Snow removal is provided by the town and is already included in our taxes.
That's interesting. Around here the town doesn't do snow removal, or anything else, on a private road. If the town takes it over and does snow removal, the town also becomes responsible for road repairs, and anything else that would be done on any other town road. And the HOA, or whatever, wouldn't be able to control access.

-- we have some old private roads leading down to the lake. People who live or vacation on them often want the town to take them over, so they won't have to maintain them, or either plow them themselves or hire it done privately. But the roads weren't built to town standards, and (in addition to some of them being implausibly steep) the right of way for the road isn't wide enough; and the people living on them are unwilling to cede enough land from their lots to make the road wide enough (to be fair, some of those lots are quite small.) So they come in to the town board, every couple of years, asking the town to take their road over anyway -- which they don't seem able to understand that the town can't do, even if it wanted to, because state law says that a town road must have a minimum right of way width.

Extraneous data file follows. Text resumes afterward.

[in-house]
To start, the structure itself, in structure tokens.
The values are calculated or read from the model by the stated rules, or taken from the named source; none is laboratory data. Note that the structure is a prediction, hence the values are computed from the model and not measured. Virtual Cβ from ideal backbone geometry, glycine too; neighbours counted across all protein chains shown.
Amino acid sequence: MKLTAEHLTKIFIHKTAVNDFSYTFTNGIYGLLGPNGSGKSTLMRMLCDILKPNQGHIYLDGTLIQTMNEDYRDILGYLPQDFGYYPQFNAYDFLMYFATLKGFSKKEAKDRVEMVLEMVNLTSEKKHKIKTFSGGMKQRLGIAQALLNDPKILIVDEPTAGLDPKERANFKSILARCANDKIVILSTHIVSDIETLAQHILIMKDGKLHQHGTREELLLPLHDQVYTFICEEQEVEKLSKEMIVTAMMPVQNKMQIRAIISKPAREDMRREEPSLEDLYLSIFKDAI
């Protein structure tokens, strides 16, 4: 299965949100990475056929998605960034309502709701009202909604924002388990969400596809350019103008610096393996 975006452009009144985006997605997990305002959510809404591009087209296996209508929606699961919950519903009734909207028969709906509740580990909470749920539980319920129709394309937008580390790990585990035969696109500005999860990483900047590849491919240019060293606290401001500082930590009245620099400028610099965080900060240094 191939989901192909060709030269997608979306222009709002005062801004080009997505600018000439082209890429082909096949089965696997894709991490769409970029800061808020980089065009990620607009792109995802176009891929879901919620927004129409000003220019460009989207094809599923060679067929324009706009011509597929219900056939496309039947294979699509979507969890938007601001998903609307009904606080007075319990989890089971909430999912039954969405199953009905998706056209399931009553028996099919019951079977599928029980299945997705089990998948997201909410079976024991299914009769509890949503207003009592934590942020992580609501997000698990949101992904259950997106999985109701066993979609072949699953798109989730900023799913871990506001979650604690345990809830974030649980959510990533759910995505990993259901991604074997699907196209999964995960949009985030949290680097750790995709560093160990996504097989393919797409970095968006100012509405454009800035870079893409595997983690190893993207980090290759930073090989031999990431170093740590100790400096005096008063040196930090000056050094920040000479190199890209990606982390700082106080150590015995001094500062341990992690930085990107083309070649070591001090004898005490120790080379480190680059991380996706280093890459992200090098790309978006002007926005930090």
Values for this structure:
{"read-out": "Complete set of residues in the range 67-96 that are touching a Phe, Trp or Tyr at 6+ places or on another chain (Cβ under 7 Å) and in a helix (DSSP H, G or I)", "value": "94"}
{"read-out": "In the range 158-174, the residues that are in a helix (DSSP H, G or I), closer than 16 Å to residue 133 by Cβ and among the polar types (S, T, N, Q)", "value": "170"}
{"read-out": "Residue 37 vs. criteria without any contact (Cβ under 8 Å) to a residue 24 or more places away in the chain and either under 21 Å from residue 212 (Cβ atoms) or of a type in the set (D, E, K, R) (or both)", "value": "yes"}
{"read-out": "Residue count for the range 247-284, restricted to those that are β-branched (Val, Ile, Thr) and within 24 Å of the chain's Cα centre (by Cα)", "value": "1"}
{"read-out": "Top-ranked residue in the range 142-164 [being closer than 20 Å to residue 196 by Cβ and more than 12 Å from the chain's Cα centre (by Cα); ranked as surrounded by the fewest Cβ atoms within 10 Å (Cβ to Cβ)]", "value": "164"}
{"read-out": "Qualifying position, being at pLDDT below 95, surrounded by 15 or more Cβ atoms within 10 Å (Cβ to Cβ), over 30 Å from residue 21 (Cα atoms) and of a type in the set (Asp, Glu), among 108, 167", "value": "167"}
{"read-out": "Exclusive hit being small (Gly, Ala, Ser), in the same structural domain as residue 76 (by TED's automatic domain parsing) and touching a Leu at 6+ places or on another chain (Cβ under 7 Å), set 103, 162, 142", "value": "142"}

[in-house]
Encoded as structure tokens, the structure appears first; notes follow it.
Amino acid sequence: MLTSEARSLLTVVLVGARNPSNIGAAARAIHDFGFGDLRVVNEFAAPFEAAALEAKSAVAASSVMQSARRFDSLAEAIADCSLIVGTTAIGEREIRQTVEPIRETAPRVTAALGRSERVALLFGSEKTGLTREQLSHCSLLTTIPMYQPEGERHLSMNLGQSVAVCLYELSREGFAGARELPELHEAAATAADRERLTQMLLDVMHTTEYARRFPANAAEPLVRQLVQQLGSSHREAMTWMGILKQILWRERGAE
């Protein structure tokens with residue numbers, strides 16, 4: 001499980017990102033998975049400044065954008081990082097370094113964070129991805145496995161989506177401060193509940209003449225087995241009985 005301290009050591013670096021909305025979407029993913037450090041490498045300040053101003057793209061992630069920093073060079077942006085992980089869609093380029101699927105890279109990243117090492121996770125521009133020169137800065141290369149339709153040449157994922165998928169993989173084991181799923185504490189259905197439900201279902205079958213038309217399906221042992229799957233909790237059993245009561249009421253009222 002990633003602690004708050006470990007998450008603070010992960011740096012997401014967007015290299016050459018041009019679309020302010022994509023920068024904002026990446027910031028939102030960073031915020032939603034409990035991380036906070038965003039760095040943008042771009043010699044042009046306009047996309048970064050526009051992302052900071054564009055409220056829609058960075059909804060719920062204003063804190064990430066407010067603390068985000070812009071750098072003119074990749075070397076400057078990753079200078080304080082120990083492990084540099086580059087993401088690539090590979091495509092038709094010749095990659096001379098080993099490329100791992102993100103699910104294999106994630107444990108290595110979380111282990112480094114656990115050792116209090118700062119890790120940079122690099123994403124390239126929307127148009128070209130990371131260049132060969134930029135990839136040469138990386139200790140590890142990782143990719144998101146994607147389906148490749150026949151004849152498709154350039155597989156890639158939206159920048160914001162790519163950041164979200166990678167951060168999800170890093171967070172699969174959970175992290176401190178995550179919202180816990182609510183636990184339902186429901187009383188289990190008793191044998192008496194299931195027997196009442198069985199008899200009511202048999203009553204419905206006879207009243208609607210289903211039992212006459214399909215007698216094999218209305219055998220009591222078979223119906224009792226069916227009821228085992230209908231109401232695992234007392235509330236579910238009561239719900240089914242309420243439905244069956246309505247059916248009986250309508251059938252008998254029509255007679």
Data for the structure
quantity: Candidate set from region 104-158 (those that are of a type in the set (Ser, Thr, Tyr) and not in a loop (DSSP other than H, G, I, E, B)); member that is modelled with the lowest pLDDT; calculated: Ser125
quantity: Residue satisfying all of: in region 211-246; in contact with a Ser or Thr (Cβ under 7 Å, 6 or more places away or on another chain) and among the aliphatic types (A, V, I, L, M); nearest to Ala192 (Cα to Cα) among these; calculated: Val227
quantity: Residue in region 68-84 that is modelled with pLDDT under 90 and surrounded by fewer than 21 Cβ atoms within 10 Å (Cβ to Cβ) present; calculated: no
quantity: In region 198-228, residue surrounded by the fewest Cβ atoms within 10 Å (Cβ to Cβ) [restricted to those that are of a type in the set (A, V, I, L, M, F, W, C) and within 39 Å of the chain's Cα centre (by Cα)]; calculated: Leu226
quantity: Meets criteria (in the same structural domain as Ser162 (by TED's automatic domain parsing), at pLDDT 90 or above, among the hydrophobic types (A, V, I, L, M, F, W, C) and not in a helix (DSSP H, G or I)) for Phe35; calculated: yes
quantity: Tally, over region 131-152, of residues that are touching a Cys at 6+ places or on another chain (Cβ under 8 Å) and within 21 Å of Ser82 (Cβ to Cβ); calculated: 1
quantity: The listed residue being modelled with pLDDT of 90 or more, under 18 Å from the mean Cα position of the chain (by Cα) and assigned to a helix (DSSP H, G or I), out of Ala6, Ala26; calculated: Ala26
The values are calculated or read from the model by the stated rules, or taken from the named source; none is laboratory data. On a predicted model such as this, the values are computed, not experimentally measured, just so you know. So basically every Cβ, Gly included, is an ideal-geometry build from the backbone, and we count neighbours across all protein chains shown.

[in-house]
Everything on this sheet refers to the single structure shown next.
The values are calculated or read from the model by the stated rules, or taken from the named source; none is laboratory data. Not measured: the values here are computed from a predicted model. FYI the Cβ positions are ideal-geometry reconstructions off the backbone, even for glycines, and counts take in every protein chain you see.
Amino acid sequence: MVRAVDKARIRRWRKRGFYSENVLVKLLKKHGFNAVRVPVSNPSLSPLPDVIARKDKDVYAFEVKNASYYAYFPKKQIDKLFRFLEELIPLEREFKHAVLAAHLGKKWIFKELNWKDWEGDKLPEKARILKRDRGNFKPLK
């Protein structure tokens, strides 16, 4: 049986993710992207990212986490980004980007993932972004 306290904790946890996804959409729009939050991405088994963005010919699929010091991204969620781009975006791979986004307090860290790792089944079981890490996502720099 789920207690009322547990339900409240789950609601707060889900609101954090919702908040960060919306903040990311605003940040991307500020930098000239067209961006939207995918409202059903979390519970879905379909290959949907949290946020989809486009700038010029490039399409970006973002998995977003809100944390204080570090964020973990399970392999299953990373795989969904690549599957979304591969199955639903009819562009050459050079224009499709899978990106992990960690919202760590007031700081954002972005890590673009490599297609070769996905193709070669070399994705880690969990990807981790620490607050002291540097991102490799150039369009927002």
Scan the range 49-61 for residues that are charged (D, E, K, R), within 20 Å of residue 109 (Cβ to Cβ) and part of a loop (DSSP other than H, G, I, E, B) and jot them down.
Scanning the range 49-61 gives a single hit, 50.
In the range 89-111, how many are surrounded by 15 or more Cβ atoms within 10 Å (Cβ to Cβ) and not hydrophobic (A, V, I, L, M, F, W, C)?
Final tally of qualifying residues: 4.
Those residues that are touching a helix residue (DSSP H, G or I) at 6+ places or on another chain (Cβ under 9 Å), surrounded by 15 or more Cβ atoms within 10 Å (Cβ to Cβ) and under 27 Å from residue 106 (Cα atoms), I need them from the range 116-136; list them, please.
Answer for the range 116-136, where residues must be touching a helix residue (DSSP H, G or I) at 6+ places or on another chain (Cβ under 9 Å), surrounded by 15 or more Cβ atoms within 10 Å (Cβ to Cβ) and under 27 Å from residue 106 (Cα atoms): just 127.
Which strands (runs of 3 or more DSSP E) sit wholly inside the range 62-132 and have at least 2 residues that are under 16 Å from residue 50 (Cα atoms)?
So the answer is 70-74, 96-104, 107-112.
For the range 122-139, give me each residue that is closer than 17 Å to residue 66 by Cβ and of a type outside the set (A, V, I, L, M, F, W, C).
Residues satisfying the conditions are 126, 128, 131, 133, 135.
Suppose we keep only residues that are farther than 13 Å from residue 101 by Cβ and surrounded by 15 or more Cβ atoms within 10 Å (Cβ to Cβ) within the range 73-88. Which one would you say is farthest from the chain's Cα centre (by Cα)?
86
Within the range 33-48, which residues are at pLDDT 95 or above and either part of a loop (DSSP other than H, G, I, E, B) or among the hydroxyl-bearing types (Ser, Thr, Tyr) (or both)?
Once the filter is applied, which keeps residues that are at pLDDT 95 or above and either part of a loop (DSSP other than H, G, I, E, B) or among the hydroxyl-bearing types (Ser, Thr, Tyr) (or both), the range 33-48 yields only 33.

Current zoning law won't let any more situations like that be created; but can't do anything about the old ones, which predate zoning.
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  #34  
Old 11 August 2017, 05:14 PM
jimmy101_again jimmy101_again is offline
 
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Lets see, a $90K investment, figure they need a 5% yearly return, 35 residents on the street ... $128.57/home/year. I wonder, are the street owners legally required to actually maintain the street?

And this bit of absurd indignation:
Quote:
I was shocked to learn this could happen, and am deeply troubled that anyone would choose to take advantage of the situation and buy our street and sidewalks, said one homeowner, who asked not to be named because of pending litigation.
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  #35  
Old 11 August 2017, 06:04 PM
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Quote:
Originally Posted by thorny locust View Post
That's interesting. Around here the town doesn't do snow removal, or anything else, on a private road. If the town takes it over and does snow removal, the town also becomes responsible for road repairs, and anything else that would be done on any other town road. And the HOA, or whatever, wouldn't be able to control access.